A colleague came back from valuing a semi with annexe flat in Orpington today. On market a year ago at £425,000. Several agents and 12 months later now under offer at £300,000 for a quick sale. Hardly evidence of a rising market.

I'm getting more instructions for valuing repos than at any time in the past 5 years. Also drive by valuations for bankruptcy cases, often of larger £500,000 plus houses. I've just turned down an instruction to act as an expert witness for some mug trying to sue a valuer for over valuing his flat. He's in deep do-do now and looking for someone else to blame (watch out for lots more of this). I read between the lines and realised this was a mortgage fraud (on the plaintiff's part) and thought 'Tough'. I think the market has been propped up by fraud at all levels, not just self cert.

For anyone relying on ODPM's stats, these are unreliable. As George Buckley of Deutsche Bank says: 'The ODPM measure is playing catch up.'

Two questions from myself;

1) Why do bulls insist that house prices are still steady or even going up?

2) Can anyone explain to a simple soul why high house prices are a good thing?

3) Why DO people write 'alot' ?

I've always been with Charlie on this; it's all about debt.

Surveyor's posts are, for me, the most valuable of all.

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Unfortunately the standard of threads (Met Office predicts coldest winter etc) seem to be straw clutching in the extreme.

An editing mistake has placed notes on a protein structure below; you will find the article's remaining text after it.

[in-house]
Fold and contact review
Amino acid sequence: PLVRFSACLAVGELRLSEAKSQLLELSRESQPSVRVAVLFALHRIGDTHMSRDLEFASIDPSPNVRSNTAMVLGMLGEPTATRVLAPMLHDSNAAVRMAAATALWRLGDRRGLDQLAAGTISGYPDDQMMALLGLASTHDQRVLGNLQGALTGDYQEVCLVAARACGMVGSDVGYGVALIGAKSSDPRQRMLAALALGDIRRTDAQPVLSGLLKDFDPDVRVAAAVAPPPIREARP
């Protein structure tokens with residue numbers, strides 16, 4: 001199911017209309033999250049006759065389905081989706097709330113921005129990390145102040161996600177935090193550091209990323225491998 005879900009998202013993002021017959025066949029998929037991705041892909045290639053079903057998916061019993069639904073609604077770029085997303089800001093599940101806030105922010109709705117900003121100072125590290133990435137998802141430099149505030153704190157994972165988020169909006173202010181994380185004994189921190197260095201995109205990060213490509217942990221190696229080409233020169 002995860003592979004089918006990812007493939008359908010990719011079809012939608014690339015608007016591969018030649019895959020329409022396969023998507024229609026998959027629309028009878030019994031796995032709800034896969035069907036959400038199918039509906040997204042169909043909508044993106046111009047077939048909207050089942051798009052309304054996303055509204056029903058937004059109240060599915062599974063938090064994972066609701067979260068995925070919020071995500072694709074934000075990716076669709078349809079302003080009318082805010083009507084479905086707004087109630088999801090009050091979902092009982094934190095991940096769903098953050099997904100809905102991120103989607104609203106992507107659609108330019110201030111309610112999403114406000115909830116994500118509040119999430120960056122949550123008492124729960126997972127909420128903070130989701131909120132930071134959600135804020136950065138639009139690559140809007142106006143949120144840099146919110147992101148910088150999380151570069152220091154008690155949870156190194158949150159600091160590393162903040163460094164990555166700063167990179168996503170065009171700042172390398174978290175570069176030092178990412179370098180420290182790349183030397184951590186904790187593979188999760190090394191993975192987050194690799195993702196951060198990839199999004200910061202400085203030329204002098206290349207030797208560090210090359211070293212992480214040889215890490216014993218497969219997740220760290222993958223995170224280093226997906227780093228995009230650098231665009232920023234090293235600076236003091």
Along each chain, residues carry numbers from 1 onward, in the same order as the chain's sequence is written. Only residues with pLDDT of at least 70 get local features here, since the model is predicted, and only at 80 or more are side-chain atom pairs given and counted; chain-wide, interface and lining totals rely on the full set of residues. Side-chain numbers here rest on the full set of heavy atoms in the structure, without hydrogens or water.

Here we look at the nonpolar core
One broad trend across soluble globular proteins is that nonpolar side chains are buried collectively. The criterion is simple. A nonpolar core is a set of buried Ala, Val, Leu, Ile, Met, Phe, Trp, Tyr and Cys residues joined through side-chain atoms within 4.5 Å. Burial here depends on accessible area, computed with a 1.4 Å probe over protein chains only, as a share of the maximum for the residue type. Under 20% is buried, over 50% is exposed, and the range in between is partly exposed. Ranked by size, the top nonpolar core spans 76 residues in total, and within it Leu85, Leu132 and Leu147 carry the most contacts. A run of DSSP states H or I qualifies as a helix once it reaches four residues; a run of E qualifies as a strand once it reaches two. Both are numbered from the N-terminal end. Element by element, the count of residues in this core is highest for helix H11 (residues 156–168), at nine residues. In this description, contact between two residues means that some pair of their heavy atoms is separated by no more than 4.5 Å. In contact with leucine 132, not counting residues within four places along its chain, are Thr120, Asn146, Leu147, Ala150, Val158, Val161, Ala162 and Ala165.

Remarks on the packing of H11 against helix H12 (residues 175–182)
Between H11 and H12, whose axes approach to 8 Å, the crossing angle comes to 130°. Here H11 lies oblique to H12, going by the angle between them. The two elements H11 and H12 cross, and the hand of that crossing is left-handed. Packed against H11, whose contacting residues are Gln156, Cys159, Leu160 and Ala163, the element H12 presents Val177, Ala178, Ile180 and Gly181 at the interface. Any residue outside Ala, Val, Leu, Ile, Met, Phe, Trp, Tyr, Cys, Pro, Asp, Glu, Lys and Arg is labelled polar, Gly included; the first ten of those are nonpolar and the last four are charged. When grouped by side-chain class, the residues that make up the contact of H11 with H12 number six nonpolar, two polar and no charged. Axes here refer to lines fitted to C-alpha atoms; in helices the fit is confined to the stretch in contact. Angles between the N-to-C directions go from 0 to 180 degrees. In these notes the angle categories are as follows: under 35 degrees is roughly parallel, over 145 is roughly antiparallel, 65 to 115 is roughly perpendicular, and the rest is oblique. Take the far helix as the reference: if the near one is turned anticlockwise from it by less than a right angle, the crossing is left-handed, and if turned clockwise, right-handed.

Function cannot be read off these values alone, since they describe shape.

Thanks for the very interesting post.

I'll just defend the Met Office predicts coldest winter threaders, since unfortunately this is a serious issue. North Sea natural gas has been in decline (I think since 1999), and it has now declined to just about winter consumption. The last two winters have been relatively mild, and so they have seen us escape natural gas shortages. This year we may not be so lucky. Domestic gas users should be all right, but if there are shortages, industrial customers will be hit. Electricity generators are industrial customers.

It is slightly tangential to an HPC, though the accompanying rise in fossil fuel prices might not be. I should think that it might generally make people more pessimistic, and for any industrial shutdowns, there will be wage losses (problematic with high debt) and industrial output falls (not good if there is a recession round the corner).

Longer term, it may have more relevance to an HPC, because it indicates the way in which the energy market is going. Peak oil is very theoretical, a powercut isn't. Most importantly, it raises the spectre of why this time things might be different, not on the going down bit of the cycle, but on whether it ever comes back up.